Dealing with Irrationality in Negotiation
|June 27, 2017||Posted by admin under Negotiation Tips||
Here’s a proven negotiation tip that most people don’t think of, or at least don’t think of first. I think it’s not used more frequently because it’s a little counter-intuitive.
When we get stuck in conflict, whether in civil litigation mediation or divorce mediation or conflicts in the workplace, we tend to let the conflict make us pessimistic about its eventual resolution, which makes us feel more stuck, and the more we feel stuck the more we feel frustrated, and the more we feel frustrated, the more we come to disrespect, or even demonize, the other side. Once we’ve gotten to that point, about the last thing we want to do is show that we respect the other side.
“When people are irrational, they are emotional. When they are emotional, they can’t listen. When they can’t listen, they can’t be persuaded. So your words are useless, especially those arguments intended for rational or reasonable people.”
Emotion “reduces people’s information processing ability….[E]motional people, studies show, care less about getting a deal that meets their needs than about hurting the other party.”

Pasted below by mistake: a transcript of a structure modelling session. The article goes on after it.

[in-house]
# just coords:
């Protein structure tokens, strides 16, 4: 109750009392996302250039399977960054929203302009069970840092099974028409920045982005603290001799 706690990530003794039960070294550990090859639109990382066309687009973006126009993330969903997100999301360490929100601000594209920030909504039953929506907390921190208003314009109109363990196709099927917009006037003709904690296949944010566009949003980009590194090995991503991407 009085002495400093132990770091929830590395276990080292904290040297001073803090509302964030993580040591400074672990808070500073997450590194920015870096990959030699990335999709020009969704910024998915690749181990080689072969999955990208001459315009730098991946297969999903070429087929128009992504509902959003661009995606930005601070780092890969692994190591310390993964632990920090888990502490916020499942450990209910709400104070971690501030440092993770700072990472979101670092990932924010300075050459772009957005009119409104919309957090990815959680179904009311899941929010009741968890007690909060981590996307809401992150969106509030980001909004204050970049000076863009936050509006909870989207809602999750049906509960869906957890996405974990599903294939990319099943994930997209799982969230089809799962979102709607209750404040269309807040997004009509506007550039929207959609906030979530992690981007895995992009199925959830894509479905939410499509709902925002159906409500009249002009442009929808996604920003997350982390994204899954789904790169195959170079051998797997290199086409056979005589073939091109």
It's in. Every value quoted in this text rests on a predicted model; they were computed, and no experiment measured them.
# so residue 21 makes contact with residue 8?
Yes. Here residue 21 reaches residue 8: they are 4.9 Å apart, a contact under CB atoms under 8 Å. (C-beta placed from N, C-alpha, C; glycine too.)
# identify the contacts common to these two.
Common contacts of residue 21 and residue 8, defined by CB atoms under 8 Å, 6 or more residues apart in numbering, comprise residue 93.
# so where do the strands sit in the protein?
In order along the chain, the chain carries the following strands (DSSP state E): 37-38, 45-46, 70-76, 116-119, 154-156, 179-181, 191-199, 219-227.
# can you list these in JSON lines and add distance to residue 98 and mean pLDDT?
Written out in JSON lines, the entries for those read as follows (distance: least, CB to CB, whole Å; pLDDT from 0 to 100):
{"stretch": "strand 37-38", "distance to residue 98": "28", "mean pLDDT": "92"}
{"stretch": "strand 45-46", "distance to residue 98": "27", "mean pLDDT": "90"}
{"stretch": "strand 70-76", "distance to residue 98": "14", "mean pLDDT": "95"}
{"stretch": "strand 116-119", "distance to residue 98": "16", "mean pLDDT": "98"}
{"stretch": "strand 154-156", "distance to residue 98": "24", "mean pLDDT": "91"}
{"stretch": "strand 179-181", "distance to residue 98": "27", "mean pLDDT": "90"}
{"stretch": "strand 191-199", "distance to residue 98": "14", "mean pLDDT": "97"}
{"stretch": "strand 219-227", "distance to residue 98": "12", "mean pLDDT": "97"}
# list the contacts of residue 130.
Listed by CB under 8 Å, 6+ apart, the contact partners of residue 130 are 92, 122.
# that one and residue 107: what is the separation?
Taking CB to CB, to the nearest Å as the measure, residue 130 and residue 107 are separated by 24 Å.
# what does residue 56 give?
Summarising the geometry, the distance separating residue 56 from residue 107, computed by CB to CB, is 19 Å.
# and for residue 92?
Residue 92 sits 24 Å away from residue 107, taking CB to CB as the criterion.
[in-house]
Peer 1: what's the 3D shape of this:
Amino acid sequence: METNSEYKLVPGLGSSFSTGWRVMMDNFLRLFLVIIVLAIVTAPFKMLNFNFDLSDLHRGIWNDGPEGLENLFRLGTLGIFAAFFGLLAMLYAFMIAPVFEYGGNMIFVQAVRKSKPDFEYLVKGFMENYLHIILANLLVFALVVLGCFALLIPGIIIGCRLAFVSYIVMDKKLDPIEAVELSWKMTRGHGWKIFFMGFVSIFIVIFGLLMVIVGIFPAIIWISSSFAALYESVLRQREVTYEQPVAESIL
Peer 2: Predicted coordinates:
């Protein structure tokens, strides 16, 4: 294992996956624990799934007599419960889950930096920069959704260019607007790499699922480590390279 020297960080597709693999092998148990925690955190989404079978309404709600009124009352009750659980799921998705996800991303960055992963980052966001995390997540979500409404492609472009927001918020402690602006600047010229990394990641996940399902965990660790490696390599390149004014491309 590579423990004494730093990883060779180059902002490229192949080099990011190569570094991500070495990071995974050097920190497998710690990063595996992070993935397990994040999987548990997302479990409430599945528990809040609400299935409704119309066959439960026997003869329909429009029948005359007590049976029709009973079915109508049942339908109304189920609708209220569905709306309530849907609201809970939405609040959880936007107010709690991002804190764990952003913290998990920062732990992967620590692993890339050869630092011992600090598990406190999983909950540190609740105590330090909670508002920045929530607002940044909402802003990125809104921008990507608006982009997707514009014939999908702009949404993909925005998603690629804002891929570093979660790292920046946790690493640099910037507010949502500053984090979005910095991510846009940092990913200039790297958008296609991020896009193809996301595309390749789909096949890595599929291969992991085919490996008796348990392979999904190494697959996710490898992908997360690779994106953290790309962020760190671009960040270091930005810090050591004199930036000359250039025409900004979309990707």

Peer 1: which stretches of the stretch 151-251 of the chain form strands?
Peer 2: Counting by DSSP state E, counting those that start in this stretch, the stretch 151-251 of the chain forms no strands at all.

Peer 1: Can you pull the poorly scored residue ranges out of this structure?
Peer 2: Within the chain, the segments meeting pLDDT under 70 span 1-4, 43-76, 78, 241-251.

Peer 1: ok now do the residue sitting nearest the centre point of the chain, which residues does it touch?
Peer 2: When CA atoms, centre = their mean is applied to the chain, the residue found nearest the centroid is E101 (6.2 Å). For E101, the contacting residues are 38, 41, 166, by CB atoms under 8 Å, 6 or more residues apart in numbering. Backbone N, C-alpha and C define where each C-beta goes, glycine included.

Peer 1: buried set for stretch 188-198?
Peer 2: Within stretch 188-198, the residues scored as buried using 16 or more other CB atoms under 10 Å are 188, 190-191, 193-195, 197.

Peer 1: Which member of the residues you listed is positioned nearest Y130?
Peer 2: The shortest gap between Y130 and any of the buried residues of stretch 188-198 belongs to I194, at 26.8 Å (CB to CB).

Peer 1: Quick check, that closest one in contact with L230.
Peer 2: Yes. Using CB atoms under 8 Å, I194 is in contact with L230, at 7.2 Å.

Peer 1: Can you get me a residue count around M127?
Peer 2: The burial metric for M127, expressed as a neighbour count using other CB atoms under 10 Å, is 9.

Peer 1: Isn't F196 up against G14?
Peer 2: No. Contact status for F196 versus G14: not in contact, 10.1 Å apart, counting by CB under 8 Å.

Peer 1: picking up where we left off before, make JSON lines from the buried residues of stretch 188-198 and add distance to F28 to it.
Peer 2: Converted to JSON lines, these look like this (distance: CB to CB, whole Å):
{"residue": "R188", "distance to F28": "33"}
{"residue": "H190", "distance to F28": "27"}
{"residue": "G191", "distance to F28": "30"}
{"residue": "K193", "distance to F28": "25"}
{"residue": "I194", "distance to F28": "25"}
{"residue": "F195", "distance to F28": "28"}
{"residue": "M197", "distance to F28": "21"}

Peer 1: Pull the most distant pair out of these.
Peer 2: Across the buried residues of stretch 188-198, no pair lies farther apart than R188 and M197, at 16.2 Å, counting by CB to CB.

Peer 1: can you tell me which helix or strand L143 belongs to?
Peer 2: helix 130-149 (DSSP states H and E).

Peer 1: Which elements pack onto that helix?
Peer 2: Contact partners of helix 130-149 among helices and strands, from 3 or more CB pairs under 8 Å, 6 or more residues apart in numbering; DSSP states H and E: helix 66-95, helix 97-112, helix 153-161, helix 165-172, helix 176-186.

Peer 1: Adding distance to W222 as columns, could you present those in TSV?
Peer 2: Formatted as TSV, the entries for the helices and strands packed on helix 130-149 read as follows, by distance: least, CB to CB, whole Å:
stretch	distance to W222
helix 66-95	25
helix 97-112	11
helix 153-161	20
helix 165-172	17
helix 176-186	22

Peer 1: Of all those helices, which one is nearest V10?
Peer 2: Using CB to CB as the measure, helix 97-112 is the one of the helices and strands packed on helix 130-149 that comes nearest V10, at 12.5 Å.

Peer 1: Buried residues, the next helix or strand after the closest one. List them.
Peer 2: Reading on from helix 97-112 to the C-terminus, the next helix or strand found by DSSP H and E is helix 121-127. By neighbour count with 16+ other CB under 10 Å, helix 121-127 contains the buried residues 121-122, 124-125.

Diamond recommends making “emotional payments” to the other side:
“You need to tap into the other person’s emotional psyche with empathy, apologies if necessary, by valuing them and offering other things to get them to think more clearly.”
To cut down on the other side’s acting irrationally, he suggests offering:
- A statement of the other person’s value
The value of emotional payments is that it will calm down the other side, they will be able to think more clearly, and they will be better able to listen to you. Then the stage is set for you to persuade. Of course, the earlier you start showing respect for the other side, the less likely they will become irrational and that you will be facing impasse in mediation or negotation.